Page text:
Sun | Nov 28, 2021

Action speaks louder than words

Published:Thursday | June 22, 2017 | 12:00 AMCecelia Campbell-Livingston

Among the most annoying experiences for persons with serious illnesses is being faced with huge medical bills and having to resort to making appeals for help while being flooded with words of encouragement.

While they make the appeal for financial help, their social media page is flanked with comments such as 'be healed in the name of Jesus' and 'Lift your faith and claim your healing'.

On top of their illness, they must now question if their inability to be healed stems from the low level of their faith.

The same rings true for persons who have lost loved ones and in the midst of their grief, well-intentioned, but inappropriate, comments come their way.

Family and Religion reached out to Dr Edina Bayne, associate pastor and member of the American Association of Christian Counsellors, and asked how such persons' plight should be addressed.

She pointed out that it is a general problem in churches regarding how the gospel of Jesus Christ is presented.

"They have this automatic faith response without any action behind it," she said, pointing out that the very word 'faith' speaks of action.

"As James 2:16 points out, when someone who has a need approaches you and the answer you give is, 'go in peace, keep warm and well fed', but you do nothing about their physical needs, what good is it?" said Bayne.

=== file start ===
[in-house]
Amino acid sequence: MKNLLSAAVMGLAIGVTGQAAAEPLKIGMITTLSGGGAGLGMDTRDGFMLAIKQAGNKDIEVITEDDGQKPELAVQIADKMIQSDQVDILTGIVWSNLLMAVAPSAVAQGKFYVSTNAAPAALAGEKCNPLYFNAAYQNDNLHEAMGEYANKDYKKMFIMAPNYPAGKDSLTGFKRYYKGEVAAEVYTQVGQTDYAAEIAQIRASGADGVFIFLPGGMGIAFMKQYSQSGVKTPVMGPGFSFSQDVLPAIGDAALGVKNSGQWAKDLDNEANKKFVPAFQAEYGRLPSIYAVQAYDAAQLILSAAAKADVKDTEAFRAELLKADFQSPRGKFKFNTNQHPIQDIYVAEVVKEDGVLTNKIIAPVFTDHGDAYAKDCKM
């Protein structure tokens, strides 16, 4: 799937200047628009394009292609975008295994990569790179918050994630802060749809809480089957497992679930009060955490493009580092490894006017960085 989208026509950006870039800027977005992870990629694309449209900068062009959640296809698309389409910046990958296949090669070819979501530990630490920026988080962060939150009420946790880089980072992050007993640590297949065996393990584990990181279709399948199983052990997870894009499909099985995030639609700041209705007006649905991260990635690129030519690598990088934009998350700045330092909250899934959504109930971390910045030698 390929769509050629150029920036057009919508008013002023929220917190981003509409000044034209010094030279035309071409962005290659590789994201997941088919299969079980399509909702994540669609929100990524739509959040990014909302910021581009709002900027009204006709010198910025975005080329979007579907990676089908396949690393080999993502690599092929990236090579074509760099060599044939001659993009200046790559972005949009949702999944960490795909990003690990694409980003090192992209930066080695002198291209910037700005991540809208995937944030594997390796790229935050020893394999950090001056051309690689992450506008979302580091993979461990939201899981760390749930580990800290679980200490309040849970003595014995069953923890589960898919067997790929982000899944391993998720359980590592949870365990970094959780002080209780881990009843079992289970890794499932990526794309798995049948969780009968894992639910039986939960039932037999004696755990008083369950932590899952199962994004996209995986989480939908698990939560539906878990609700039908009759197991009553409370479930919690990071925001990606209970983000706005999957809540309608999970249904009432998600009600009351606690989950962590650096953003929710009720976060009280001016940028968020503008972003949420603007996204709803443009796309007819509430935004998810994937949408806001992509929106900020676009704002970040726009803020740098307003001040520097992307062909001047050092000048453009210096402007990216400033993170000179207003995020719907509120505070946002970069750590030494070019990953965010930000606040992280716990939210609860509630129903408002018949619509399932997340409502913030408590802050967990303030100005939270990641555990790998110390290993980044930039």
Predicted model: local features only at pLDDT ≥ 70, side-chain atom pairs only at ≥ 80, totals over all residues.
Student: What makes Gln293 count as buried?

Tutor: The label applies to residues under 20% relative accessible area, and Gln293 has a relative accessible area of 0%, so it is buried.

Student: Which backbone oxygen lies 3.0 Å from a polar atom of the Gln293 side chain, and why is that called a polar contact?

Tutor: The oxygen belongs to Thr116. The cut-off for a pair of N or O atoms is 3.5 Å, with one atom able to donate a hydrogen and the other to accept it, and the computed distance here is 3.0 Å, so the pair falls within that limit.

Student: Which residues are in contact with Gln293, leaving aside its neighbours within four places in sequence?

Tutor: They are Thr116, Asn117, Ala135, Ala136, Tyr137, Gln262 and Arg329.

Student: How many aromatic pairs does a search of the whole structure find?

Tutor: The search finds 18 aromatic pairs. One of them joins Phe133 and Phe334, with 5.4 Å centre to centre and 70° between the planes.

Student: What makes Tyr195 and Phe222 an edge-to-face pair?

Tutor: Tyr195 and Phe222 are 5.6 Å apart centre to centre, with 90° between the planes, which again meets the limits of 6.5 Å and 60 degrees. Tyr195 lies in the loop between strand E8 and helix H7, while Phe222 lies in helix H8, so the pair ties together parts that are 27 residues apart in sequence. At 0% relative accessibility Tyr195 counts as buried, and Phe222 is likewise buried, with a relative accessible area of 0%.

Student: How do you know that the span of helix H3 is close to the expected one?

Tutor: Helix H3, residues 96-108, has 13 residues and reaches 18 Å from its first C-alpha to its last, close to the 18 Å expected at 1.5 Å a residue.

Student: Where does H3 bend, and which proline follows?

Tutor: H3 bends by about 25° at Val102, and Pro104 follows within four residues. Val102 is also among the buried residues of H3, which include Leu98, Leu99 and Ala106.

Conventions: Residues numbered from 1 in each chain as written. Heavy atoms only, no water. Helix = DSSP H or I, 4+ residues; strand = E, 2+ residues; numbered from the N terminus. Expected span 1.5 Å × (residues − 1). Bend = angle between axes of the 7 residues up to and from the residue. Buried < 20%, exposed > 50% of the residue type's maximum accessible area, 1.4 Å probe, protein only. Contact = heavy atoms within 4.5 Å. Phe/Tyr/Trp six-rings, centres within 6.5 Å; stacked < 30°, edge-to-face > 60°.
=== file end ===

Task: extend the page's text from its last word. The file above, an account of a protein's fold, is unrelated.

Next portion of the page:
"It presents a problem to the people who are asking. When they get to a place where they ask for help, they really need it," said Bayne.

For her, it's a hard decision to make, opening up oneself like that and revealing one's situation. When a person is prepared to do that, said Bayne, you know the person is desperate and really needs the assistance. The last thing the person needs, she said, is your religion.

"Faith is a religious response to a practical need and it will not work at some point. We have to recognise, sometimes, they are saying it to some people who have lived by faith all their lives, and it's a faith move they are making by asking for help. When you tell them 'have faith', it will make them upset as they already have faith and are at the end of their rope," said Bayne.




She shared an experience where a Caribbean woman got the opportunity to get a scholarship for a school in England. Her faithful parents lacked the resources to take up the offer. She said that instead of giving those meaningless responses, her church family rallied around her, hosting fundraising events, resulting in the daughter being able to chase her dream.

"If someone puts a need out there and you don't have the physical means to help, see how else you can brainstorm with them to come up with a solution instead," she said.

For Bayne, these 'believe' and 'in Jesus name get your miracle' sentiments are nothing but "radical nonsense and extreme grace".

"If you have that level of faith, support my level of faith. Don't say the wrong things," said Bayne.

"God knows best, trust God. When a woman or a man has lost their life's partner, don't tell them to have faith. They never told you they didn't have any!" said Bayne, adding that the person needs your energy and support, not meaningless words that do little to ease their pain or address their need.

Bayne puts the blame for this type of behaviour squarely on the pastors who are grooming congregations.

She said that the solution is for them to teach the Church how to think radically and encourage them to have the mind of Christ Jesus, who was always solution-oriented.

"Yes, He was charismatic. Once the people followed Him, He made things happen. The Church has to stimulate that kind of thinking. We can't just keep reciting these faith words. We have to develop it in the Church. The scripture is not for us to recite. It's for us to eat and be nourished and be changed," said Bayne.